Delta offers a Best Fare Guarantee that covers flights booked online and on its app when you find lower fares found on other websites. However, similar to Alaska, this only is available on the same day you booked your ticket. As the difference is at least $10, Delta will refund you that difference and give you a $100 voucher. For any changes outside of this window, you’d need to incur any change fees.
JetBlue will allow you to exchange your fare for a lower one found within a five-day window of purchase. The credit you receive will be good for one year, and it’s transferable to anyone. When it’s been more than five days since your purchase, you can still receive a voucher, minus a $75 fee. However, there’s never any fee for those who purchased a Blue Flex fare or those with Mosaic elite status. And remember, you can also earn Mosaic Status just by using the JetBlue Plus Card from Barlcays. While JetBlue doesn’t post this policy on any consumer facing web page that I could find, I did confirm it with one of their telephone representatives. There’s also this page for travel agents that details the policy.
Like Delta, JetBlue also offers a Best Fare Guarantee against finding a lower fare on a third-party website, though it’s again for the same day that you made your reservation. But rather than offering you a refund of the fare difference, it will just provide you with a $100 voucher towards future travel on JetBlue. Since the voucher is “issued within 24 hours,” it’s unlikely that you’ll have time to cancel your reservation and re-book it using the $100 discount.
Southwest has, by far, the most generous fare refund policy. Since Southwest has no change or cancellation fees, you can always re-book your flight if its offered at a lower price. If you paid for the fare with dollars, then you’ll receive a credit towards a future flight. The credit is valid for one year and can only be used in the name of the original traveler. If you paid with Rapid Rewards points, then you’ll receive a credit to your account of the difference in points, making all of the carrier’s award tickets fully refundable (as long as you cancel within 10 minutes of departure).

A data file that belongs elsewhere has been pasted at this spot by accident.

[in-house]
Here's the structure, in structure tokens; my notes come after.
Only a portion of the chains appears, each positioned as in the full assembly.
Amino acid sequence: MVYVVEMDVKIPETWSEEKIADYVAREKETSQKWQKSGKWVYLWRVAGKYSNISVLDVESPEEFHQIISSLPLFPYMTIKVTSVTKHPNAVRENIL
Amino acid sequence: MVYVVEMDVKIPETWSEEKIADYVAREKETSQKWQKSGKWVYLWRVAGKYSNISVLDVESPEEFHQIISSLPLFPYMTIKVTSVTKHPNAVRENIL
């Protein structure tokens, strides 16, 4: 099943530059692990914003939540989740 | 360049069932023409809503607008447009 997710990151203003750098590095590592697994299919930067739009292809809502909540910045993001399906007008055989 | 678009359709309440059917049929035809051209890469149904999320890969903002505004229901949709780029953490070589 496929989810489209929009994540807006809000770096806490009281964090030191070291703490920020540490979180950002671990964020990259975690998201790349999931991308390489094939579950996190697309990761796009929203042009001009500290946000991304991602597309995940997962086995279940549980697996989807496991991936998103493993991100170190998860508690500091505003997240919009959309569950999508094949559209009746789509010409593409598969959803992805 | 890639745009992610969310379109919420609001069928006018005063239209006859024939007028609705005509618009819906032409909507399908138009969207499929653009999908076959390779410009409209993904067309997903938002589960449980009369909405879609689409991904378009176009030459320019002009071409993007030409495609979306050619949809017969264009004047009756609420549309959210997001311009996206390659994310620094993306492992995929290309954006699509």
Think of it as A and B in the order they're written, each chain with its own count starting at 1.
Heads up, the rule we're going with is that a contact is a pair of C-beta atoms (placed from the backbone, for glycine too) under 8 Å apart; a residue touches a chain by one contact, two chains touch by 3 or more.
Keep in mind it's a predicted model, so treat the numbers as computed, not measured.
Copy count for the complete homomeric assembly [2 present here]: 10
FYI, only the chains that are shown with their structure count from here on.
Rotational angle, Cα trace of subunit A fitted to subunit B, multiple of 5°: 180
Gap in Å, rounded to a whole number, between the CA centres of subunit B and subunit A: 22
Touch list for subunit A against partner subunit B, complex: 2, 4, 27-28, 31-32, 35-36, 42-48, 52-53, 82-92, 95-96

Just note that this process can be complicated if you’re a Companion Pass-holder and have a travel companion’s reservation attached to yours. In that case, you’ll need to cancel your companion, re-book the fare, and then re-add your companion. I’ve found that it’s always quicker and easier to just call Southwest to request the refunded points when you have a companion attached to your reservation. They seem to be able to accomplish this without having to cancel and reinstate your companion reservation.
To my surprise, I recently learned (from a suggestion sent to TPG tips) that United has an undocumented fare drop policy that will credit you the difference if your fare drops within 30 days of purchase. The refund comes in the form of a voucher minus an administrative fee of $50. There are even reports of the $50 fee not being applied or being waived upon request. You’ll have to call to request the voucher and hope your call is answered by an agent that is familiar with this policy. Don’t be surprised if you need to politely hang up and call back until you reach a representative that can help you.